I retrieved the bulb and buried the bottom of Desire in a new pot after noting that she had a new bulblet growing out of her bulb. Desire was healthy and already reproducing I thought happily. Strangely, after re-potting her she just sat there for a number of weeks with no sign of growth even though I showered my attention on her. At first I was baffled by amaryllis’s behavior but gradually the beautiful fat green bulb helped me understand. Desire apparently knew something I did not. She told me that because neither of my grandchildren would be here for Christmas I needed to put her bulb back to sleep!
Many years ago I learned to listen to plants. They spoke to me because I loved them. Plants don’t normally use words, they work through my body using all my senses to communicate with me, or they speak through dream images.
Acknowledging my keen disappointment with regard to my grandsons’ coming absence, I dutifully made peace with myself, and returned the bulb to her dark closet. As Desire predicted neither grandson returned home for Christmas.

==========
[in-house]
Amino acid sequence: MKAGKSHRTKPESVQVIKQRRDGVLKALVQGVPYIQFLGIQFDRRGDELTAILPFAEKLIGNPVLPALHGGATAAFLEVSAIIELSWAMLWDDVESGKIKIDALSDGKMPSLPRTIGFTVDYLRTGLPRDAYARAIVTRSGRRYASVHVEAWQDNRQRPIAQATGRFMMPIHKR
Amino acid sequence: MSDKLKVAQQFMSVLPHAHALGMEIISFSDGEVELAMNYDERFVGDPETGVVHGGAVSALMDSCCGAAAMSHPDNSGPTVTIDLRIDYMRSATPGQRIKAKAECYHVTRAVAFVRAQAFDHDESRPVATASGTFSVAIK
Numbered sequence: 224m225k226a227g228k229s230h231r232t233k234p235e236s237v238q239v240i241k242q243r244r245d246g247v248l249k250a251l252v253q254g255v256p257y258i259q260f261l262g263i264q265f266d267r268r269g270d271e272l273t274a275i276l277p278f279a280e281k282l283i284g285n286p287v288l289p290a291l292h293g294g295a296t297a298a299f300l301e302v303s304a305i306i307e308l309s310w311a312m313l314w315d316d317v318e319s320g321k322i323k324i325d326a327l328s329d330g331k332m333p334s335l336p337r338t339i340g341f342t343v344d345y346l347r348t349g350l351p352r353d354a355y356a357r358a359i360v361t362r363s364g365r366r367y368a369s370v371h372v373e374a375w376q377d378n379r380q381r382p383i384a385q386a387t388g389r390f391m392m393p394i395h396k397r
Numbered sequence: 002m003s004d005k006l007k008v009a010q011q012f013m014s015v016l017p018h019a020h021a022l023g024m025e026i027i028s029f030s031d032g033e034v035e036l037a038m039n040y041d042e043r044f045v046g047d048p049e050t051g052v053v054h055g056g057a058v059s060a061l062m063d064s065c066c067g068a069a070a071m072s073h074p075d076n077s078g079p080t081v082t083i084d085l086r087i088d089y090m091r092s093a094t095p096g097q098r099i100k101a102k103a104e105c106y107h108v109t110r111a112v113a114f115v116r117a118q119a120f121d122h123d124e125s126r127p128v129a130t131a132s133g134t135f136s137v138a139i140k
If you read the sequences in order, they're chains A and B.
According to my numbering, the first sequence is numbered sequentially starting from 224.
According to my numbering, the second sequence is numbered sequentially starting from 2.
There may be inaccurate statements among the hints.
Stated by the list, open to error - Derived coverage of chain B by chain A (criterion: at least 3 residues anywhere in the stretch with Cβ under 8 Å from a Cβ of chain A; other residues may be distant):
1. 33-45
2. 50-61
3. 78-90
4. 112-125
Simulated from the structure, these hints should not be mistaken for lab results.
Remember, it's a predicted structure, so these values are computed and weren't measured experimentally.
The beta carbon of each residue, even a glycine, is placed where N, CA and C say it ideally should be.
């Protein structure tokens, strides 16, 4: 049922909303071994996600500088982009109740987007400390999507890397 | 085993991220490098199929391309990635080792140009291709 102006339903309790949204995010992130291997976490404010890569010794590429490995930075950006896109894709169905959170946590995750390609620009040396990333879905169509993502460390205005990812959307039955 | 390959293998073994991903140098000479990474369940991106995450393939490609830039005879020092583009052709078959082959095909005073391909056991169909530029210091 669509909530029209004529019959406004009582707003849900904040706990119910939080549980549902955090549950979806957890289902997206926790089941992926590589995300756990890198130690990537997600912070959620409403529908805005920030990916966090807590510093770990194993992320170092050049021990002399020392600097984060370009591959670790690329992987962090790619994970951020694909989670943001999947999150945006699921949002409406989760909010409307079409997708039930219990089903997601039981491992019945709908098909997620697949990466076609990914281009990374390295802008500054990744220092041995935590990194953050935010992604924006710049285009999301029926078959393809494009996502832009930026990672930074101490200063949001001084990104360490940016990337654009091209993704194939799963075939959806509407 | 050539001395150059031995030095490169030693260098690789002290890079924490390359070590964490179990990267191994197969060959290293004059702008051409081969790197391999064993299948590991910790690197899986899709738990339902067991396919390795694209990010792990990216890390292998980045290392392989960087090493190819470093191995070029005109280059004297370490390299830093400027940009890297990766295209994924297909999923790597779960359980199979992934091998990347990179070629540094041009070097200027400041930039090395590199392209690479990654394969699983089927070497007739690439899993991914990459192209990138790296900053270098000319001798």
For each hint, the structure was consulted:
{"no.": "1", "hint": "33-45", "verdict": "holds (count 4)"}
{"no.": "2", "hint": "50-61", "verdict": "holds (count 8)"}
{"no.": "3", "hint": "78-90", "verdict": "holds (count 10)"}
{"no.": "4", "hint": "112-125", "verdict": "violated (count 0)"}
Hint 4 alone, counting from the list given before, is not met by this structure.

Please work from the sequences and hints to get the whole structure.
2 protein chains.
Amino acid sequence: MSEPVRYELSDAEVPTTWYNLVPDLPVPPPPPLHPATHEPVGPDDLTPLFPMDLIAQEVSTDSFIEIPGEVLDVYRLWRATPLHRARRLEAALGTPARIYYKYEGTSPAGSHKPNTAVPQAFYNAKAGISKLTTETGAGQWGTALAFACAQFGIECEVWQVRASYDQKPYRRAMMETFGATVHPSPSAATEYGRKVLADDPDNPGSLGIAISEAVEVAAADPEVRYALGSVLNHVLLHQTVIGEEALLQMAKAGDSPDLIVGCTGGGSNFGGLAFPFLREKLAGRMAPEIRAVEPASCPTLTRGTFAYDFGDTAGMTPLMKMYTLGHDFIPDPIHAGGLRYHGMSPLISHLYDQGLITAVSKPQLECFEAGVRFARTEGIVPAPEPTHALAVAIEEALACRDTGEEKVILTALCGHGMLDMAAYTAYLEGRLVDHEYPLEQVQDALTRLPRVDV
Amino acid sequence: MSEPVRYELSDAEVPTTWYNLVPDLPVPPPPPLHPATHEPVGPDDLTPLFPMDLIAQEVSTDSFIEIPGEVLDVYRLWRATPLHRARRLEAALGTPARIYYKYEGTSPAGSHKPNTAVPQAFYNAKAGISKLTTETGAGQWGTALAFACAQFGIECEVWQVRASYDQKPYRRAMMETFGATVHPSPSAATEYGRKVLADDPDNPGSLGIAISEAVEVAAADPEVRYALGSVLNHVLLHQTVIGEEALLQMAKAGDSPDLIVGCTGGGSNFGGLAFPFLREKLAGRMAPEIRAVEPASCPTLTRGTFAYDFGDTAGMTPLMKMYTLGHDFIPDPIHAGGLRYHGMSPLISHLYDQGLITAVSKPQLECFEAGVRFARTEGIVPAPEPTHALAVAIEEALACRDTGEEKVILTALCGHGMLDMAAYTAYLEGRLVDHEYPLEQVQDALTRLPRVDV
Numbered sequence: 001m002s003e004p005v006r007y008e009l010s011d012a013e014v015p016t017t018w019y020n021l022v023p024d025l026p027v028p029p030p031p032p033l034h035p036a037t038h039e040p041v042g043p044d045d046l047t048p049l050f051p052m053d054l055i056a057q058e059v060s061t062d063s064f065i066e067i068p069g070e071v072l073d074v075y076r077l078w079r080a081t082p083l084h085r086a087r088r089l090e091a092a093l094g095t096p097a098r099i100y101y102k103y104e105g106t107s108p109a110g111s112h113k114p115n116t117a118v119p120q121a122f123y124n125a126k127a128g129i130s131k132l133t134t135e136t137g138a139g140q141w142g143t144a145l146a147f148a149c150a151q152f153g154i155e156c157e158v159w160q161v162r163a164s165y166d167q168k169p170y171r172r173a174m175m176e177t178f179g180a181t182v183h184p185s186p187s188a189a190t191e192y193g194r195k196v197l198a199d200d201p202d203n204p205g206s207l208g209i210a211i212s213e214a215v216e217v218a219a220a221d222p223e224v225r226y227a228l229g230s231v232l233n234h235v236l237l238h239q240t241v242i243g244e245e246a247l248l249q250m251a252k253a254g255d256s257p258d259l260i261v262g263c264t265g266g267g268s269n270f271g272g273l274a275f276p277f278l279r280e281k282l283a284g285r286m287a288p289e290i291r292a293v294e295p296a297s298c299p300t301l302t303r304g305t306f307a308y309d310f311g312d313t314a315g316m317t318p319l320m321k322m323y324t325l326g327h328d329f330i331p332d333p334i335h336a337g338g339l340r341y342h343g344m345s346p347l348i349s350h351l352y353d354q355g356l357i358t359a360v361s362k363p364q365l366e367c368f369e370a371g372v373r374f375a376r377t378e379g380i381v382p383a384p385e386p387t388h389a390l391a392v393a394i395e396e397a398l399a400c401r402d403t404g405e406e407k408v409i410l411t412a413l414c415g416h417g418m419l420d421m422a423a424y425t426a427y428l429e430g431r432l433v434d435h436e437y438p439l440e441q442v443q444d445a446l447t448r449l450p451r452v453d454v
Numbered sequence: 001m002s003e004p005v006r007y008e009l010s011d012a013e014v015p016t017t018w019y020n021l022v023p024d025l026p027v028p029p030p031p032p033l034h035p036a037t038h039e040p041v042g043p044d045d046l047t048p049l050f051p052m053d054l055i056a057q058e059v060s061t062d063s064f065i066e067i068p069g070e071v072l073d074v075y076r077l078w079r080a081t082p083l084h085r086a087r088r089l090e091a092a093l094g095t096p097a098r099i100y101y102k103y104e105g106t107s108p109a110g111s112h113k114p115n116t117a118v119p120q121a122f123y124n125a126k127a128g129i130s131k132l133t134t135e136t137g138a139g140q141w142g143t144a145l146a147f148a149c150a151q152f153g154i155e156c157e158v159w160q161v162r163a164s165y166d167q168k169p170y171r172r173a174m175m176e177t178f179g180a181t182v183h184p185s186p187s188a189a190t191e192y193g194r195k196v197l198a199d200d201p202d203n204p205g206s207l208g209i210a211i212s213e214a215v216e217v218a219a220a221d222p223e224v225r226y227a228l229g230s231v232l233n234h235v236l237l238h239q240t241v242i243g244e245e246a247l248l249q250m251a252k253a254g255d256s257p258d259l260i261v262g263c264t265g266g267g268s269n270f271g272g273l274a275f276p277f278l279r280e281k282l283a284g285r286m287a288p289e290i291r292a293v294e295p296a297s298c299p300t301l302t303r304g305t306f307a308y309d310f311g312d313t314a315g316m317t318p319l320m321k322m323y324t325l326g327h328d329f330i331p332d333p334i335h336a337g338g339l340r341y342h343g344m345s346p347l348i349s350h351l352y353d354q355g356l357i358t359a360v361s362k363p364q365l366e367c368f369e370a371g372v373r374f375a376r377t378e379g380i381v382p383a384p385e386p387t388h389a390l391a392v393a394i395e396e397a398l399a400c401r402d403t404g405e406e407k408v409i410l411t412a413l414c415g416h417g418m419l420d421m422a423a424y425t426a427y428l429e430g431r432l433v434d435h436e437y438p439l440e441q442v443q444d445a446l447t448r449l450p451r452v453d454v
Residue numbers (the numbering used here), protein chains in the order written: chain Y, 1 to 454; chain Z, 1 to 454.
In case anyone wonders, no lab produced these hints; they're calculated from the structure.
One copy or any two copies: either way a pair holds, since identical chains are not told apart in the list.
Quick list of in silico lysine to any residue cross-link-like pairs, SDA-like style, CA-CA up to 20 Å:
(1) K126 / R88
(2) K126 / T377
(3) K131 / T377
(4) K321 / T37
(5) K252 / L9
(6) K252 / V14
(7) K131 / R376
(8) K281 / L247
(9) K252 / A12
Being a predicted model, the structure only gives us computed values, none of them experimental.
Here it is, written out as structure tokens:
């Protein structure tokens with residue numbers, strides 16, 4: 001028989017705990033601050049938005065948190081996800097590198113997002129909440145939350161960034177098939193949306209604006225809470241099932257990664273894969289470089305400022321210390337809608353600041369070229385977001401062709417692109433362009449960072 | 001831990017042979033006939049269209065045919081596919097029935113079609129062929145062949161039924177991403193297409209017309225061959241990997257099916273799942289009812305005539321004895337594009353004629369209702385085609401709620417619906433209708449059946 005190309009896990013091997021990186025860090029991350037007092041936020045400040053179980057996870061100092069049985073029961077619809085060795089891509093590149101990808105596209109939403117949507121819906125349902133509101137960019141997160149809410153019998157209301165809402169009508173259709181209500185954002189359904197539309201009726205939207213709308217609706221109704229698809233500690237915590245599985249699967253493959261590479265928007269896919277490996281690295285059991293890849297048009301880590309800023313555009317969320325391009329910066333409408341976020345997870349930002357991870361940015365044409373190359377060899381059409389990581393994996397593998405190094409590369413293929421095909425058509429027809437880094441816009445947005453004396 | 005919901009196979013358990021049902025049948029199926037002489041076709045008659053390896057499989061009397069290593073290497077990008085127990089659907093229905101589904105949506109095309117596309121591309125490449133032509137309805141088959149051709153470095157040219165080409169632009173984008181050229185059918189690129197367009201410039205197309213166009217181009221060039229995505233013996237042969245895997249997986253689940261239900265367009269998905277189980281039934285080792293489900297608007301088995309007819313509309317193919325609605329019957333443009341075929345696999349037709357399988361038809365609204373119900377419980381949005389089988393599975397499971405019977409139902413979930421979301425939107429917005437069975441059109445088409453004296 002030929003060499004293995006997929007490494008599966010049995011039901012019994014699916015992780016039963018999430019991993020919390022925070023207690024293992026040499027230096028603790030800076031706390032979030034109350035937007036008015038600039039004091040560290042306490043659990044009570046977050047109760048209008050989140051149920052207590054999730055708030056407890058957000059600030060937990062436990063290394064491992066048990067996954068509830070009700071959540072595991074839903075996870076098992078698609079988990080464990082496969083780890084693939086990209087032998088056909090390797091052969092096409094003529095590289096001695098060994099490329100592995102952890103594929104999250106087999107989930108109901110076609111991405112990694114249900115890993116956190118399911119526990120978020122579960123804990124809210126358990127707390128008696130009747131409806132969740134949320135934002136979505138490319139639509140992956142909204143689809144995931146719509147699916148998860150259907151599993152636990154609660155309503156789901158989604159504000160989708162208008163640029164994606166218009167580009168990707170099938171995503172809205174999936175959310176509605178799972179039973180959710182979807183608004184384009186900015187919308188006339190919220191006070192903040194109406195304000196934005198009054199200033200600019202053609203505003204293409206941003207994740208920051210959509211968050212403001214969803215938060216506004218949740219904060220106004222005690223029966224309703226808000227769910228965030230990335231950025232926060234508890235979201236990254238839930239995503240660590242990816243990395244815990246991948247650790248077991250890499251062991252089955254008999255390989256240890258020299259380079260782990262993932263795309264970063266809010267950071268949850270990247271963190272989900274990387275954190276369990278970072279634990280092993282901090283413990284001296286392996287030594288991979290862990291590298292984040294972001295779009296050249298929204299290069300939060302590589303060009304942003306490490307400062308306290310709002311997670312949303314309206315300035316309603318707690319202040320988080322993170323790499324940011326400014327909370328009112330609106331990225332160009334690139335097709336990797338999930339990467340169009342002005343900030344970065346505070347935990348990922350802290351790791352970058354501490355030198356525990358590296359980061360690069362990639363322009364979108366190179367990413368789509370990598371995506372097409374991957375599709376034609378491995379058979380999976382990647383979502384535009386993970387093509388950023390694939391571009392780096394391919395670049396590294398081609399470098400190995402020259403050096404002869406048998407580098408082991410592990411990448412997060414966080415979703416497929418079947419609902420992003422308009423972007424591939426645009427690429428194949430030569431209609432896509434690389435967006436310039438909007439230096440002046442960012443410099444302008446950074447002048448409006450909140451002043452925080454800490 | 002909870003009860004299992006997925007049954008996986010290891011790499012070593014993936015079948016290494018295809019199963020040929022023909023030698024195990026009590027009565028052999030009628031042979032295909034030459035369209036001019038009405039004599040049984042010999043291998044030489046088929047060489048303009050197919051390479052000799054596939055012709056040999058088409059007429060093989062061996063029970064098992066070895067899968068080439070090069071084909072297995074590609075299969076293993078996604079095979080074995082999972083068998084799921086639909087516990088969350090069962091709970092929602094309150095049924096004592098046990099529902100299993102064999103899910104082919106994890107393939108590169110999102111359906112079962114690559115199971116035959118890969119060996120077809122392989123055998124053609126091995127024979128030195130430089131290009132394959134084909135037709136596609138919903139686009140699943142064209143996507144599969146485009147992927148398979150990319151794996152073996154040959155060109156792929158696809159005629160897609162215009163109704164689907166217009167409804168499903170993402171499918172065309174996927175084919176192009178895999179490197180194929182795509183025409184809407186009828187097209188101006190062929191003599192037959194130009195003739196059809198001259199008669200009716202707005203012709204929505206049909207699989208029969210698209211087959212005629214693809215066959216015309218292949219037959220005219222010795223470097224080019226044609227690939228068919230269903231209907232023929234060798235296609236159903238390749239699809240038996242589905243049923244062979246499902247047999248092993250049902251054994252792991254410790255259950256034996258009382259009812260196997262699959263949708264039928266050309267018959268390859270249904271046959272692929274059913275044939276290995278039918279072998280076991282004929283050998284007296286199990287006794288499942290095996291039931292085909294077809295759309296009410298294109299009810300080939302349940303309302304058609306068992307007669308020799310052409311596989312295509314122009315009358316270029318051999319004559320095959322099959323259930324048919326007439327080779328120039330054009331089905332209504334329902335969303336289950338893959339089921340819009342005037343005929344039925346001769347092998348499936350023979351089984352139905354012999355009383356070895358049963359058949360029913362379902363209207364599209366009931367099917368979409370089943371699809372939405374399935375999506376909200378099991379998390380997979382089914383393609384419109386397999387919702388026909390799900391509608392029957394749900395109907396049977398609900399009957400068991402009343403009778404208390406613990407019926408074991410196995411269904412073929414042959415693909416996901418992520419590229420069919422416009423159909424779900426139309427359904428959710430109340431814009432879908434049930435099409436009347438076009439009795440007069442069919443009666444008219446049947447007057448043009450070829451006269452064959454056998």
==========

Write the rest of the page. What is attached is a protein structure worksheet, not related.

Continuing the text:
Throughout the winter I routinely checked the bulb but she lay dormant. In late February I spoke with Cameron. He told me that he would be home on leave sometime in April. Sometime after our conversation I checked Desire and was delighted to see a tiny tip of a bud peeking out of the bulb; she knew. I decided to wait a little longer before planting her; I hoped for another bud.
On the Vernal Equinox (3/20/16) I spoke with Cameron for a second time; he gave me the precise dates in April when I could expect him for a visit. Then he told me that he believed that his brother (who was leaving the Marines after five long years and was now only 22 years old) would also be home by then – for good! Just the thought of seeing both of my grandchildren in the flesh started my heart pounding. I had been forcibly separated from these boys during their childhood years, so at seventy these two young men were the stuff out of which my dreams were spun. I loved them – fiercely.